In May 2018, the FDA further tightened restrictions around packaging of e-liquids, citing concerns that some products may be branded to look like food or beverage products. In particular, they expressed concern that products may be packaged to look like food and beverages which appeal to children, such as juice boxes and candy. Accordingly, such products were charged with false advertising under the Tobacco Control Act of 2009 and the Food, Drug and Cosmetic Act.
The introduction of Pax Juul e-cigarettes in 2015 greatly changed the vaping landscape in the US. This new type of e-cigarette, known as the JUUL, is innovative both in terms of its presentation and the technology it uses. Its sleek design is much more streamlined compared to previous e-cigarette designs, and resembles a USB flash drive in appearance. In terms of technology, it uses nicotine salts as its key ingredient, under a unique patent for nicotine salt preparation. Each cartridge, or JUUL pod, delivers around 200 hits and are available in a variety of flavors, and the JUUL can be charged at a magnetic USB deck.
The company is a self-proclaimed “disruptor” of Big Tobacco, and their CEO has said that their goal is to eliminate smoking globally. They want to provide a viable, attractive alternative to smoking harmful cigarettes, which they may have done with their slick Pax Juul e-cigarettes. Pax Juul now captures over 70 percent of the US e-cigarette market, and their first funding round attracted over $650 million in investment. The popularity of JUUL e-cigarettes has also seen them attract criticism as encouraging teenagers to become addicted to nicotine. They have indicated that they will make moves to ensure their devices are not encouraging young people to pick up the habit – more on this below.
As more research is conducted into the health effects of vaping, and findings are released, we can assume that restrictions will begin to ease. In particular, as more evidence is collected to support e-cigarettes as a tool to quit smoking, we can hope to see official recognition of this in US, which could change its classification from a tobacco product to a drug and medical device. If this were to be the case, this could seriously impact the restrictions currently placed on the use, sale and advertisement of vaping products and accessories in that country.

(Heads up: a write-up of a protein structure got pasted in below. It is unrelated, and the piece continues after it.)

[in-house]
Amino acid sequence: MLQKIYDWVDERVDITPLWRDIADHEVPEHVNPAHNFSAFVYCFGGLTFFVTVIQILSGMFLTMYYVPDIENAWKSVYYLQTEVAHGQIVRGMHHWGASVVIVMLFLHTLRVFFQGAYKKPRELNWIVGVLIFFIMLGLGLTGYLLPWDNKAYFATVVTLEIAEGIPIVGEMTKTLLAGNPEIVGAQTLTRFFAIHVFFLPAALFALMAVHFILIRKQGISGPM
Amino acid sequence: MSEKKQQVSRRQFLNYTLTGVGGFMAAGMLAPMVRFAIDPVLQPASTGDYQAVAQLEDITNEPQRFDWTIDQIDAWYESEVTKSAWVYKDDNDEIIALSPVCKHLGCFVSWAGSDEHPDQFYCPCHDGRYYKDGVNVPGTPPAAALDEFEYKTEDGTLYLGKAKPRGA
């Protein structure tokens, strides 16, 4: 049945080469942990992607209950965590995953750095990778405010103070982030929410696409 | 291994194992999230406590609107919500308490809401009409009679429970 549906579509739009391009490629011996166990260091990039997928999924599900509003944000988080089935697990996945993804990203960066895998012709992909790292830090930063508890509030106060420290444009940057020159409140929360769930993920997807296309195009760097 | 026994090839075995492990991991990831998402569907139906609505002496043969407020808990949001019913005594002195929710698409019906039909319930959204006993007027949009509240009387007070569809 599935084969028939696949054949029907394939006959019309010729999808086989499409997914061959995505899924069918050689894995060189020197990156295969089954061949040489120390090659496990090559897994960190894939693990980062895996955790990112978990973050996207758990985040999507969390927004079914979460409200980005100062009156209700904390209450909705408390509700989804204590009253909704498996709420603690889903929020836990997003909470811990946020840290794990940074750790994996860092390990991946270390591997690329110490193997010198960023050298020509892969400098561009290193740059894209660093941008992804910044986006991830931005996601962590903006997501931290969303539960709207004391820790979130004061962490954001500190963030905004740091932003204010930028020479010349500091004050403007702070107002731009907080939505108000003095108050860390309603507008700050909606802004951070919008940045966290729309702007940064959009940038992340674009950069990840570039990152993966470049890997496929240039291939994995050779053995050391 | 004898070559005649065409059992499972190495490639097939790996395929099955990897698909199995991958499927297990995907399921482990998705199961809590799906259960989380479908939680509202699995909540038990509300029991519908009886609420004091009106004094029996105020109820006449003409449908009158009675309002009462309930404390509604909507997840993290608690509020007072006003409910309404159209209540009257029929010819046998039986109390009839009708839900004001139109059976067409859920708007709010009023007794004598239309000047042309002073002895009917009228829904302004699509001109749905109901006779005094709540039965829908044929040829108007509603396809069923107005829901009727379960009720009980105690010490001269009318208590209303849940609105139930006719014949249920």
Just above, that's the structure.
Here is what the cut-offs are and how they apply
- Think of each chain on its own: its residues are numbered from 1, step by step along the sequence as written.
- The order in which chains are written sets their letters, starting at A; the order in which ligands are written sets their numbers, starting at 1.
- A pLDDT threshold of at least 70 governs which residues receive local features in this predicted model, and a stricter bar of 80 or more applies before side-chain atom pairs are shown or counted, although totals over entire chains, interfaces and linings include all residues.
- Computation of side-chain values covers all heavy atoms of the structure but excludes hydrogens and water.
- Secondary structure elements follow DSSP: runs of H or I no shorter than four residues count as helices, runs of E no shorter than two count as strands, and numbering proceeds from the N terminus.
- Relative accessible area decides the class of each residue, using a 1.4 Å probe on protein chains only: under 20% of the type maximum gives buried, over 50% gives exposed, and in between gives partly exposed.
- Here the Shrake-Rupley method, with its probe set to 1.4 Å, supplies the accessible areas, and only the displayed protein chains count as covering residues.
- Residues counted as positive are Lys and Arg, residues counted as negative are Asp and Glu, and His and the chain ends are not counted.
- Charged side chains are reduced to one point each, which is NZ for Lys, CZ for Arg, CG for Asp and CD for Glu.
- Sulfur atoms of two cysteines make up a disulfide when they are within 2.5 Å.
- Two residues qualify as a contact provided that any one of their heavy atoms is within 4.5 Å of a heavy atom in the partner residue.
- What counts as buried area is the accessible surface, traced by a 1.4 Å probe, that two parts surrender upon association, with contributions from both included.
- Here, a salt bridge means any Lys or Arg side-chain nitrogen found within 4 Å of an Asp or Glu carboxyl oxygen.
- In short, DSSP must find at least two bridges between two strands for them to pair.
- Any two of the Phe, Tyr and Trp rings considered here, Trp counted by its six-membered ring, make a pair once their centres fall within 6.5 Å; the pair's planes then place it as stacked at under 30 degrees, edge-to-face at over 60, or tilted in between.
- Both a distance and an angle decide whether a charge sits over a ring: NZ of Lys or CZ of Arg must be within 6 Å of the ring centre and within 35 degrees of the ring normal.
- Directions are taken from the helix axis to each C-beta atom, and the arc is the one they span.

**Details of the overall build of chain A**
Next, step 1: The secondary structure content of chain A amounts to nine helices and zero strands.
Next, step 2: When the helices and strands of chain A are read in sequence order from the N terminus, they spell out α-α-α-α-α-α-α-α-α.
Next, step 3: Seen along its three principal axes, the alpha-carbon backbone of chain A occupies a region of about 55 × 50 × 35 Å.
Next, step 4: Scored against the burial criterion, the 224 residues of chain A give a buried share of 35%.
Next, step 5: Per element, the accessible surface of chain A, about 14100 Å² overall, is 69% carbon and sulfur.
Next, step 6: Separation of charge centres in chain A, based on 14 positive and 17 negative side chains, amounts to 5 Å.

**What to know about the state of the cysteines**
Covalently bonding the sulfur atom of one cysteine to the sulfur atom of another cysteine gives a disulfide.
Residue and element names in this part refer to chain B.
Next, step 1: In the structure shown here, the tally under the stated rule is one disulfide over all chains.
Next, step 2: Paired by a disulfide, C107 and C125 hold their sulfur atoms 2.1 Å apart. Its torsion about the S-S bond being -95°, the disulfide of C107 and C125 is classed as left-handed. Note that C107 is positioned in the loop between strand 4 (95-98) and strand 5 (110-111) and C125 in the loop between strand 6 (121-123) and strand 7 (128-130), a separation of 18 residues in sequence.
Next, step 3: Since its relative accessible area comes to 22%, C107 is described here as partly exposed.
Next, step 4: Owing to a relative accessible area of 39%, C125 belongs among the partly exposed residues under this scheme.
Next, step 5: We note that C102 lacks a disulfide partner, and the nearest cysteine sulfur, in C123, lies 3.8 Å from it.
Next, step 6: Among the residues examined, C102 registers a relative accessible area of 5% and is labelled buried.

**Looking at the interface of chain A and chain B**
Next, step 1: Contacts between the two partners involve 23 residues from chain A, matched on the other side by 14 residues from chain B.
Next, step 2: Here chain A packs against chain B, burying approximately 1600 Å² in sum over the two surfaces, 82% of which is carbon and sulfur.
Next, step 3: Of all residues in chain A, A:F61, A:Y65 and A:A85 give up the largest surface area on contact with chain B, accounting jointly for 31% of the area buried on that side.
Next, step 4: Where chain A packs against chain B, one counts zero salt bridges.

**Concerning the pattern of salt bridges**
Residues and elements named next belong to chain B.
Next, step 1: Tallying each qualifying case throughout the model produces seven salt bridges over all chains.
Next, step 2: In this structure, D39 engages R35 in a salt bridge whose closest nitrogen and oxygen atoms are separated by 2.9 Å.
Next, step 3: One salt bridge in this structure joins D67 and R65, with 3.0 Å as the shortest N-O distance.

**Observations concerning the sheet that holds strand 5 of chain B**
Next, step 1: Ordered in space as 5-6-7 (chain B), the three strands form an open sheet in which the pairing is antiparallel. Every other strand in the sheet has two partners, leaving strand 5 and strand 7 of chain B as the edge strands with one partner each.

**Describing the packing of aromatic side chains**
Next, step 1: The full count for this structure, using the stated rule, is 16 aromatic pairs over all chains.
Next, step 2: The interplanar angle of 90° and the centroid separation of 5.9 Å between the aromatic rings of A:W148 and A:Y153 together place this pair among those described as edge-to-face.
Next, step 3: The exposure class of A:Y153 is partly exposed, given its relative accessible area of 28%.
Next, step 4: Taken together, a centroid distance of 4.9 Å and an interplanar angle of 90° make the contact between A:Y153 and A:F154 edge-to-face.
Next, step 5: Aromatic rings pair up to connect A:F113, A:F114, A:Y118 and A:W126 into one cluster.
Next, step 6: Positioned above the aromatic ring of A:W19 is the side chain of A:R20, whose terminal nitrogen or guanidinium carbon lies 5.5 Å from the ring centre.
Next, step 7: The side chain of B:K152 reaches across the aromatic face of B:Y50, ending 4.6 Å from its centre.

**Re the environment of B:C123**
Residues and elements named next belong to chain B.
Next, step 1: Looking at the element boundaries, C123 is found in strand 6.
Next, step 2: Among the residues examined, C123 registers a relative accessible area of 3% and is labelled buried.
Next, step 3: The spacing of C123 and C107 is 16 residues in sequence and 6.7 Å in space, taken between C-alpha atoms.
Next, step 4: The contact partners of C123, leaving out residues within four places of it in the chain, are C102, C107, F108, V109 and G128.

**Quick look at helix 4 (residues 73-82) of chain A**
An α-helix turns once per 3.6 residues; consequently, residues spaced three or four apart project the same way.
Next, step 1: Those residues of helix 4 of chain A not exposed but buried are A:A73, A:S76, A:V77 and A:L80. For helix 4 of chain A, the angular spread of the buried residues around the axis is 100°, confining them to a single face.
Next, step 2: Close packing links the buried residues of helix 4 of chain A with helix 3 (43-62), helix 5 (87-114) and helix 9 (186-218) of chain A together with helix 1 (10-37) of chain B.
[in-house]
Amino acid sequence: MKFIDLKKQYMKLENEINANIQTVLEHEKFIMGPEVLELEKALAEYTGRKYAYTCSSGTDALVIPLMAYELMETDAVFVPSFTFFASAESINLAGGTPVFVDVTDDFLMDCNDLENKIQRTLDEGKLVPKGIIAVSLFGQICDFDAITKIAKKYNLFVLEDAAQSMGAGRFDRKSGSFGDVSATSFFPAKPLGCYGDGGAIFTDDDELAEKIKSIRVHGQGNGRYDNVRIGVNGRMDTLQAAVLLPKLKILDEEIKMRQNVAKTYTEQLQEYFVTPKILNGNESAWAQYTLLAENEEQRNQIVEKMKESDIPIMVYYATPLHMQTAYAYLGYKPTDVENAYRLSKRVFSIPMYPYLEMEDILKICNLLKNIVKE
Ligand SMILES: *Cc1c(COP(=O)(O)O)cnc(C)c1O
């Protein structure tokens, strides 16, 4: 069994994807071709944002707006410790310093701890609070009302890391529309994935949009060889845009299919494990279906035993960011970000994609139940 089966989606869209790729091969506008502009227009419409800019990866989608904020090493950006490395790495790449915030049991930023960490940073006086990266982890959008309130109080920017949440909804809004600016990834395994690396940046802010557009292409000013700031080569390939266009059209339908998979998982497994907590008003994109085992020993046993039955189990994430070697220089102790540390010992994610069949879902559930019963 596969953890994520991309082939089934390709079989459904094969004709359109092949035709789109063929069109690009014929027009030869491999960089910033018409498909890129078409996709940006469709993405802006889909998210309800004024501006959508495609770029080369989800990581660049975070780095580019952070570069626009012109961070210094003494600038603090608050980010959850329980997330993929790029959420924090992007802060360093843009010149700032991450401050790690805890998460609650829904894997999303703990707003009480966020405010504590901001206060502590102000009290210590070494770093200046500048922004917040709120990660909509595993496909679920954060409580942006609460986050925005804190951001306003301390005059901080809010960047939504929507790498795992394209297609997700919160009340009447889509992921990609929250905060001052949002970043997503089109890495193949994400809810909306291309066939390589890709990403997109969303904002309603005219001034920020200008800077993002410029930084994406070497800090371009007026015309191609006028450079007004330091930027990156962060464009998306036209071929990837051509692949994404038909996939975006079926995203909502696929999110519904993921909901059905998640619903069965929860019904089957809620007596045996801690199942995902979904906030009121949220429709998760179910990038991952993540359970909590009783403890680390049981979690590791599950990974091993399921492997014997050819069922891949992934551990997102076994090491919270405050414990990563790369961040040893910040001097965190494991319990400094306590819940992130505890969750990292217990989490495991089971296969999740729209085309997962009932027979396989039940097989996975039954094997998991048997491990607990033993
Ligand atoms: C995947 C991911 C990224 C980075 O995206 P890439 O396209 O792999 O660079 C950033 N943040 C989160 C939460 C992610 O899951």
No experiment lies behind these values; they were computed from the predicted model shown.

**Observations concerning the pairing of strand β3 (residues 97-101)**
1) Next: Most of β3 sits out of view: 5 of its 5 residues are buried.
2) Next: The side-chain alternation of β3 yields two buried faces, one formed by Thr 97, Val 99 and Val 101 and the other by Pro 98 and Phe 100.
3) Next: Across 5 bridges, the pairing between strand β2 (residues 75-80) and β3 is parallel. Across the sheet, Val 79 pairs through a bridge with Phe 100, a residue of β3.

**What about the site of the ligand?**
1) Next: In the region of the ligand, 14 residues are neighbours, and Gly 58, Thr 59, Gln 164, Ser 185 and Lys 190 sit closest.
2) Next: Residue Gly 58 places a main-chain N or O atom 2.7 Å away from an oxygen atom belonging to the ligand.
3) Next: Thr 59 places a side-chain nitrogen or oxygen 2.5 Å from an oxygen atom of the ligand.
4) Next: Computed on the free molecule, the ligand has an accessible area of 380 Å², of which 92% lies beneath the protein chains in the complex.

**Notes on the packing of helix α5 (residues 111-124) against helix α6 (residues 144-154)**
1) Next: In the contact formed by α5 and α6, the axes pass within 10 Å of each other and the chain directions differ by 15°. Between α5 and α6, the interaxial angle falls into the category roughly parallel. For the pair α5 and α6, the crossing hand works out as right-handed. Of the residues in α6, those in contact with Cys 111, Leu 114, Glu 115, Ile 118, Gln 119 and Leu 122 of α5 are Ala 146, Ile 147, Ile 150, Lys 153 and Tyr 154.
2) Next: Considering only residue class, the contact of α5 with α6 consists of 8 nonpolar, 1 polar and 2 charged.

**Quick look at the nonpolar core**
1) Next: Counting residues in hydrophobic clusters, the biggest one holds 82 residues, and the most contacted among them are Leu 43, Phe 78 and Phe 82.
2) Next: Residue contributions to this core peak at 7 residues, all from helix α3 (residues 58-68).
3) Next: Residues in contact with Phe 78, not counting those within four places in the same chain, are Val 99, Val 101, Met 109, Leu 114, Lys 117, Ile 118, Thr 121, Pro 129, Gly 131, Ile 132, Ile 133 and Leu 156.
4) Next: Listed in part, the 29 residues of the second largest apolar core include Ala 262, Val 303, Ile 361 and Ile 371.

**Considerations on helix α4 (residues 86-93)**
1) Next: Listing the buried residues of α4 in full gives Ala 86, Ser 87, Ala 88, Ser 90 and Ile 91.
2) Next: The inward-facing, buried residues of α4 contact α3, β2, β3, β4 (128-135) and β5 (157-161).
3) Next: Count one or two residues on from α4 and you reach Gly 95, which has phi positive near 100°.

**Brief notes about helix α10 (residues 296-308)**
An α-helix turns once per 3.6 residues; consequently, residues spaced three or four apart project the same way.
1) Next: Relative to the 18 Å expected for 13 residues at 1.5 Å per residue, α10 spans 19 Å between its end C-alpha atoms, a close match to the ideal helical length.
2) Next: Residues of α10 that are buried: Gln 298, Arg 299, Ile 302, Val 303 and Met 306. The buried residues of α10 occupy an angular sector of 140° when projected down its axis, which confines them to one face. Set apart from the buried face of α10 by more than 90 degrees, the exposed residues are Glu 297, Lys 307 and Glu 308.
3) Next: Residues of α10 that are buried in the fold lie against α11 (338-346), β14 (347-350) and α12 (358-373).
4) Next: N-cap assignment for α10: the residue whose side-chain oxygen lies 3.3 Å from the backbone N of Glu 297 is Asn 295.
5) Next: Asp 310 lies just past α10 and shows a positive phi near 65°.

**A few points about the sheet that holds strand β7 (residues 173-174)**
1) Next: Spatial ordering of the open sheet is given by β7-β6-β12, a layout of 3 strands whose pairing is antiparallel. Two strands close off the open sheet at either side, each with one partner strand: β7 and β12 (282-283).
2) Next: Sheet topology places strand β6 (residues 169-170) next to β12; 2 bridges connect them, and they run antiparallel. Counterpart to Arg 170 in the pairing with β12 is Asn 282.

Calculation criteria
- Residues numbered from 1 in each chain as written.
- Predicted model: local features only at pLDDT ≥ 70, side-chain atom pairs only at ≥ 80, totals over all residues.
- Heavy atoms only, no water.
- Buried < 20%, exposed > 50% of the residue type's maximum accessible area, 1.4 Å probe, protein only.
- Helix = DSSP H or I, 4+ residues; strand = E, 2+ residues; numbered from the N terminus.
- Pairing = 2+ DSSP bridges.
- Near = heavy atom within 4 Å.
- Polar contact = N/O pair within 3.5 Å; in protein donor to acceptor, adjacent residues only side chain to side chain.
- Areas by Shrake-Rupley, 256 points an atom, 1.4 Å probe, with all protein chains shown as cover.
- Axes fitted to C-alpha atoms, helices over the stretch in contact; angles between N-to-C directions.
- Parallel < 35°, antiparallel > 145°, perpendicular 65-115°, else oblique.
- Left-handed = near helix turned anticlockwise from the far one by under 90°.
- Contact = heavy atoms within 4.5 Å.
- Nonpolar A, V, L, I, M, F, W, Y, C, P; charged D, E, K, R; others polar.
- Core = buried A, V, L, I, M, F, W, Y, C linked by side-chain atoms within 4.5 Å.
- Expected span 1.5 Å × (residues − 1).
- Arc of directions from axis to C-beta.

We can also expect to see moves made by law-makers to protect children from using e-cigarettes, in light of more and more people expressing concern over the potential harms which vaping poses for children and minors. Concerned groups in the US cite high numbers of middle and high school students using e-cigarettes, and larger numbers using these compared to tobacco cigarettes. Flavored e-liquids have already been targeted by legislators in the US, who are concerned they appeal particularly to young people.
Another concern expressed by law makers and lobby groups in the US in particular is around the risk that young children may accidentally poison themselves with e-liquids or other vaping equipment. If a small child was to pick up a cartridge of e-liquid, thinking it was something else, and swallow it, they could suffer severe nicotine poisoning.
As a result of all of these concerns, we can expect to see laws introduced in the future to protect children and teenagers from using e-cigarettes. Such laws could include greater penalties for vendors selling e-cigarettes, e-liquid or other vaping supplies to minors. There is also the potential for age authentication features to be installed on vape devices in order to prevent minors from using them. This is something which leading US e-cigarette manufacturer Pax Juul has already indicated they are working on. The company stated that they are developing technology which will connect the vaping equipment to an app which prevents underage use, as part of their commitment to discouraging teen use of their products.
We can also expect to see further moves to ensure that packaging is not printed in such a way as to be attractive to children, perhaps even something along the lines of the plain packaging laws for tobacco cigarettes which have been implemented in countries like Australia.
Globally, greater understanding of the impacts of e-cigarettes should lead to better access to the product, notably in countries such as Brazil, Uruguay and Canada, where vaping products remain effectively illegal.